Innov Aging. 2023 Jul 13;7(10):igad074. doi: 10.1093/geroni/igad074. eCollection 2023.
BACKGROUND AND OBJECTIVES: Despite its prevalence and impact, pain is underdetected and undermanaged in persons with dementia. Family caregivers are well positioned to detect pain and facilitate its management in their care recipients, but they lack training in symptom recognition and communication. This study reports findings from a pilot trial evaluating the Pain Identification and Communication Toolkit (PICT), a multicomponent intervention that provides training in observational pain assessment and coaching in pain communication techniques.
RESEARCH DESIGN AND METHODS: Family caregivers of persons with comorbid pain and moderate-to-advanced dementia were randomly assigned to PICT (n = 19) or a control condition (n = 15). Caregivers in the PICT group participated in four weekly sessions delivered by telephone with a trained interventionist; caregivers in the control group received an information pamphlet about pain and dementia. All participants completed surveys at baseline and 12 weeks. Caregivers in the intervention group also completed semistructured interviews at 12 weeks. Quantitative data were analyzed using descriptive statistics and t tests; qualitative data were analyzed using content analysis.
RESULTS: All participants (100%) in the PICT group completed the intervention and most completed the 12-week assessment (94%). PICT randomized caregivers reported that the intervention helped them to feel more confident in their ability to recognize (67%) and communicate about pain symptoms (83%). At 12 weeks, caregivers in the PICT group showed a statistically significant improvement in self-efficacy in pain-related communication. In qualitative interviews, caregivers emphasized the utility of PICT’s components, including pain assessment tools, and offered considerations for future enhancements, such as technology-based adaptations and integration within care delivery systems.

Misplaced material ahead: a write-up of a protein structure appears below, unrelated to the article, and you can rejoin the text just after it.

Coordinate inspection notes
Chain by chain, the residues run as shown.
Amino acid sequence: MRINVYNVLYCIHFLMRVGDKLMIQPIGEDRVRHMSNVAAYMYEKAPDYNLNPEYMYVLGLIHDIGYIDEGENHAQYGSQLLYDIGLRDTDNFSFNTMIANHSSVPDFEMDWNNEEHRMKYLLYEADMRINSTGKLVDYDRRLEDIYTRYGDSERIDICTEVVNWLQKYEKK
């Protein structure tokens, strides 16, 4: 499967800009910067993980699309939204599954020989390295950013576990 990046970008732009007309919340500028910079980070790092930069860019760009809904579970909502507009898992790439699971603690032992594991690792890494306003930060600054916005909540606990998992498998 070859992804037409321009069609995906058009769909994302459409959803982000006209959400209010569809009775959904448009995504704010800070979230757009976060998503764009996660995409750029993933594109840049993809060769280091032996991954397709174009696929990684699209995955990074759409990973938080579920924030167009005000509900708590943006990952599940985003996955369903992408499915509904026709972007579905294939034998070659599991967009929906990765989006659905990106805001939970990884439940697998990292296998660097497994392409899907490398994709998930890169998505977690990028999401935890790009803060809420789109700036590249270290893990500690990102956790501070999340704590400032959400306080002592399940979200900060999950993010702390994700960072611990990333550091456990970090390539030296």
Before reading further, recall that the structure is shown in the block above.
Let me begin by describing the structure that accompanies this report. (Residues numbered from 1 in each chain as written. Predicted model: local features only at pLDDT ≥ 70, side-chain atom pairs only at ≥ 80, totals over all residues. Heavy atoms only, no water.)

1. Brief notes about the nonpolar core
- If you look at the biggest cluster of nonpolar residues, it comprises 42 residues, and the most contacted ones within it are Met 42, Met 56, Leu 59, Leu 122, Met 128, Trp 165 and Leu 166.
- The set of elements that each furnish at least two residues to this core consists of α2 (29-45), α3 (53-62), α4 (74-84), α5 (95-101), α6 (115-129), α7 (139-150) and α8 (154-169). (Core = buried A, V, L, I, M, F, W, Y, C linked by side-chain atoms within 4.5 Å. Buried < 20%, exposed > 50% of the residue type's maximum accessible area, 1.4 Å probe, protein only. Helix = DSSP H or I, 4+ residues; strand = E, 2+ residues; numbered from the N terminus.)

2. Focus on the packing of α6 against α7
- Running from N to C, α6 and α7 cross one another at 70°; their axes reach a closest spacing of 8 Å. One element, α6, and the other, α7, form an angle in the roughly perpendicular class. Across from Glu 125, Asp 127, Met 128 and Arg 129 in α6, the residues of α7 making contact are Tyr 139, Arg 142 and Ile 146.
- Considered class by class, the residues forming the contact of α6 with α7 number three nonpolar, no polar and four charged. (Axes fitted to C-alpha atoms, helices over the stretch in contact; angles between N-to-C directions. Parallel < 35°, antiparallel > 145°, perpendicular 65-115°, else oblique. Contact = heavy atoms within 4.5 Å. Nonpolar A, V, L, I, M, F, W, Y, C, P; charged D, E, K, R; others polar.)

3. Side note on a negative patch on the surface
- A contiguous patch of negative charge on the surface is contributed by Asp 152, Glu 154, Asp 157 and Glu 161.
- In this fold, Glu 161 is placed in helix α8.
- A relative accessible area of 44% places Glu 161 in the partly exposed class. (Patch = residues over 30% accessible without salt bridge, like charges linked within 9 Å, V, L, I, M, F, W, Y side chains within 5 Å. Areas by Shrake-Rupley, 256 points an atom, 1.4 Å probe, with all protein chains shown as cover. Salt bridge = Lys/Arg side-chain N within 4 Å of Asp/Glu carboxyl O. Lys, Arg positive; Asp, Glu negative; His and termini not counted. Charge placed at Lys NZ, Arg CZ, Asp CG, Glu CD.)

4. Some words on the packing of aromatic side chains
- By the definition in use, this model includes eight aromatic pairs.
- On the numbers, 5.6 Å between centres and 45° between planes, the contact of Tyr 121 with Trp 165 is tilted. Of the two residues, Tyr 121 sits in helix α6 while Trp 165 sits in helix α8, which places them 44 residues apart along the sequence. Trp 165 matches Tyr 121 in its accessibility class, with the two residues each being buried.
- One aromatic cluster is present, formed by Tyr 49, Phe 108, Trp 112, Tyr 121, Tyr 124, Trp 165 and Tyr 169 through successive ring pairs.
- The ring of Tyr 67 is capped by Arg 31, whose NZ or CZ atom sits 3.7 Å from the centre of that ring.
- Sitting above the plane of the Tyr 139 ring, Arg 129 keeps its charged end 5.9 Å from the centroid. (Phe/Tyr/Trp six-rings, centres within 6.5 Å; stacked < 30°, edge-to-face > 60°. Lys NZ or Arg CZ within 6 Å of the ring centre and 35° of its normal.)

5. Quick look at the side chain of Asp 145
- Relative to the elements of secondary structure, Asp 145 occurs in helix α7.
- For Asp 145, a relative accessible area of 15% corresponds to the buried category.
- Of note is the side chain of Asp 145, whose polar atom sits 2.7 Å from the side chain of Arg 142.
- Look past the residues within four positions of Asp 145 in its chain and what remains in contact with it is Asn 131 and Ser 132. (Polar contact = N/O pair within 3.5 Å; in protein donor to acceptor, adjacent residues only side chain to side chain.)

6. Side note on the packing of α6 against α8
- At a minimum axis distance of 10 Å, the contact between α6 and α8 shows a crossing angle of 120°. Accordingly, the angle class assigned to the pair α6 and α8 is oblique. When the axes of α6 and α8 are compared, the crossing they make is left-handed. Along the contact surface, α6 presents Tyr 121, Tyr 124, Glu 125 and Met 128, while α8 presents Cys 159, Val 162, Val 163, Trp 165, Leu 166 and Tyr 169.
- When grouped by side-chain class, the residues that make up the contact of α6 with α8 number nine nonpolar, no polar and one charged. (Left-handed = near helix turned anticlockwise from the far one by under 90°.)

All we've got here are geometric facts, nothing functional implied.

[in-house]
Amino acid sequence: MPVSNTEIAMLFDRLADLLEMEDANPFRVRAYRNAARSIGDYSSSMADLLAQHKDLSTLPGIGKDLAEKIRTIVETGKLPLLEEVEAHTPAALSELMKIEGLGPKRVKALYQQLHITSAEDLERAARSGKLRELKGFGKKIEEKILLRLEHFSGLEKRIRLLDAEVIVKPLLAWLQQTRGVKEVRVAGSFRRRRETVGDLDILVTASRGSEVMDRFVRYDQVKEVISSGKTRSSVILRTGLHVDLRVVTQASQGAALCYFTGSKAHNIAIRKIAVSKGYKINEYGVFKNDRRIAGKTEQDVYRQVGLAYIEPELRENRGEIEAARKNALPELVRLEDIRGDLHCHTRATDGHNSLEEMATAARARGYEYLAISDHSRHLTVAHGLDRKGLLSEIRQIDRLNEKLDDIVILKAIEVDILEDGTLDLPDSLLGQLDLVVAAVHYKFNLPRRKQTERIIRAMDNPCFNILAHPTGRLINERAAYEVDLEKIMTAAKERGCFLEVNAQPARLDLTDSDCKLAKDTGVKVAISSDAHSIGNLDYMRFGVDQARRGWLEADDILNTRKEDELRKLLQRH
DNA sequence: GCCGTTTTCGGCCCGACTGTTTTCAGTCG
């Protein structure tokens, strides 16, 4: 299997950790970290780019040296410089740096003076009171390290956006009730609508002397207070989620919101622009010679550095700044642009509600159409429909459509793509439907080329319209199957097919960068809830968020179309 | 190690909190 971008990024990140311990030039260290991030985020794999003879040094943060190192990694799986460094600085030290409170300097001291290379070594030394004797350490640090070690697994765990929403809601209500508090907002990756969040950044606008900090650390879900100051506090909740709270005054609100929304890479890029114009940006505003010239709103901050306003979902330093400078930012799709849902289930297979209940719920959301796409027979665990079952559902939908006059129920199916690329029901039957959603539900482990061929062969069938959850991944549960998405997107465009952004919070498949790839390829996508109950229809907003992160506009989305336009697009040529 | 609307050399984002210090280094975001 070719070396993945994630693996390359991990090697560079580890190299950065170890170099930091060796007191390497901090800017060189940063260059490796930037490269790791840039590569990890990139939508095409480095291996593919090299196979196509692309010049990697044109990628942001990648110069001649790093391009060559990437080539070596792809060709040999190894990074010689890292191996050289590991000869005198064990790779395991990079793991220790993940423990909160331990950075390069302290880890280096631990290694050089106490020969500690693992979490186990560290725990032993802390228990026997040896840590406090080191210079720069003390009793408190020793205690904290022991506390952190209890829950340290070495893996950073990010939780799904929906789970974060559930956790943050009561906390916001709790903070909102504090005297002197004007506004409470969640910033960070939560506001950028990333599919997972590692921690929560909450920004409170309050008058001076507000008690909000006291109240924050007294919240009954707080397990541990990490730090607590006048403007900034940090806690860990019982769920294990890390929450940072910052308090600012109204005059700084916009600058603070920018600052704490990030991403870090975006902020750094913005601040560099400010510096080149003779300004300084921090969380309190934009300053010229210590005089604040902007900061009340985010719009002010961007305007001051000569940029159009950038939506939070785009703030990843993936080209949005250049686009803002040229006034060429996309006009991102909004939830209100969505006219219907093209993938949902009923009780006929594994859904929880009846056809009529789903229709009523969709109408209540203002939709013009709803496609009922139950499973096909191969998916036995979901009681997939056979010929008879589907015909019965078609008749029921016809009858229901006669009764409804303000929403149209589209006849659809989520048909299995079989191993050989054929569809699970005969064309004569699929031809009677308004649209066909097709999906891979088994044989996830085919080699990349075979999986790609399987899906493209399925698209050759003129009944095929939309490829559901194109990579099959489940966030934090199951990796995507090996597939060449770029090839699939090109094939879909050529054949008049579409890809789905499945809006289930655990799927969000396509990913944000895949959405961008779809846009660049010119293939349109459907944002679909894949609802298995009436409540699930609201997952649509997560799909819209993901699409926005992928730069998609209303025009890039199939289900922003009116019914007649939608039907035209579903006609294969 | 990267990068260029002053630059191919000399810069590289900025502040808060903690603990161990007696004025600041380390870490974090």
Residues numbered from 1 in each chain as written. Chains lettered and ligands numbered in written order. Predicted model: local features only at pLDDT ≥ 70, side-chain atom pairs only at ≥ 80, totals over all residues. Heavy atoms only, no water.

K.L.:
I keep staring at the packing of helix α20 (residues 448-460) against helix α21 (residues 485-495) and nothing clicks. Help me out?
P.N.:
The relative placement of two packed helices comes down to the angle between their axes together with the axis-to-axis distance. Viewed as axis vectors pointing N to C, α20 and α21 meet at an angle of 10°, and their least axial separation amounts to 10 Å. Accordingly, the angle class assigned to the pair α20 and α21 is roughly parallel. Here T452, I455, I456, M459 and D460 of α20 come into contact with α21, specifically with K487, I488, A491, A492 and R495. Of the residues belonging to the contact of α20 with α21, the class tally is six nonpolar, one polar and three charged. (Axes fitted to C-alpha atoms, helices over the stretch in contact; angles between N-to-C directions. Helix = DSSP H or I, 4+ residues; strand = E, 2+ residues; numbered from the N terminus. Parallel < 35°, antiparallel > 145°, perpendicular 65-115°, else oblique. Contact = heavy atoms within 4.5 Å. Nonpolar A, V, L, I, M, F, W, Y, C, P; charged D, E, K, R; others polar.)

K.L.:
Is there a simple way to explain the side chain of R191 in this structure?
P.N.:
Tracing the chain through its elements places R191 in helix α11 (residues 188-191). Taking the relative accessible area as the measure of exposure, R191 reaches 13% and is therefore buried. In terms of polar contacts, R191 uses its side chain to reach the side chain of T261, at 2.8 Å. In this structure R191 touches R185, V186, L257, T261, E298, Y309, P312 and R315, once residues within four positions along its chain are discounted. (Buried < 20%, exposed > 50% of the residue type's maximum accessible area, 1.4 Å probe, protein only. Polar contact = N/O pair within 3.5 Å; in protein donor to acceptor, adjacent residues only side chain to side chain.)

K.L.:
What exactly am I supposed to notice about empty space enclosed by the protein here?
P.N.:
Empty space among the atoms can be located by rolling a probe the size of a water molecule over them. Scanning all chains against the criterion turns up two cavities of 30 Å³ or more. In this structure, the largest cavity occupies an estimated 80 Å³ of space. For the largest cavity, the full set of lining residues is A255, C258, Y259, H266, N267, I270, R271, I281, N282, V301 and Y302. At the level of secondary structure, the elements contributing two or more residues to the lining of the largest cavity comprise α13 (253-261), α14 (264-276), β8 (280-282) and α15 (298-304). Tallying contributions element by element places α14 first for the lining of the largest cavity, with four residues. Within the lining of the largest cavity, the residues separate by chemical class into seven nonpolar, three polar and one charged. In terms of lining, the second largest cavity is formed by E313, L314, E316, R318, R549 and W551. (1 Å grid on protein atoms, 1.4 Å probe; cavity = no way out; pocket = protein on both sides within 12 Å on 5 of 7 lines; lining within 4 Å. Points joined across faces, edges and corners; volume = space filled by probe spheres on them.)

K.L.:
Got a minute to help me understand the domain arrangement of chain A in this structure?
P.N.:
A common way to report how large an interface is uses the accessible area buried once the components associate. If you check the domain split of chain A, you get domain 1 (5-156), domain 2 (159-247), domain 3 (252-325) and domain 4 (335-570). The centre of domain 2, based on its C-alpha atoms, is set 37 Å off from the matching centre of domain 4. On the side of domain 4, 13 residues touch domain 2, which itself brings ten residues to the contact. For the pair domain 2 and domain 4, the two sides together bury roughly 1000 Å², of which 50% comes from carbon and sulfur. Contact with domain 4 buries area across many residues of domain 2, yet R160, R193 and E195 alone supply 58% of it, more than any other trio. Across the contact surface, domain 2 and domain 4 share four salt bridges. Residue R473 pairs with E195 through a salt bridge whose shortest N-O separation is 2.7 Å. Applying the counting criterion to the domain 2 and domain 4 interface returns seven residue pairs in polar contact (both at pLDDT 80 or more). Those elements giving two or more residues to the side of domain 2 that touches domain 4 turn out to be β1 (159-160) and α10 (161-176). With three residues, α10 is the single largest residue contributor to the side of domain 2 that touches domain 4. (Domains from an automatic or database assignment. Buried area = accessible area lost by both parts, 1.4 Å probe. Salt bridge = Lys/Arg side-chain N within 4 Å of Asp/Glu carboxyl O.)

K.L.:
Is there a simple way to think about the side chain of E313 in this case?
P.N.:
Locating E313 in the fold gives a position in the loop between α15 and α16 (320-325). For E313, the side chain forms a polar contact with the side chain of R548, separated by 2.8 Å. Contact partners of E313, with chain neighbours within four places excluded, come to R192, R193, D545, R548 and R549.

DISCUSSION AND IMPLICATIONS: This pilot trial demonstrates that PICT is feasible to implement, acceptable to caregivers, and has the potential to improve confidence in recognizing and communicating about pain. Results support conducting a fully powered efficacy trial, an important step toward future integration into real-world care delivery.
CLINICAL TRIAL REGISTRATION NUMBER: NCT03853291.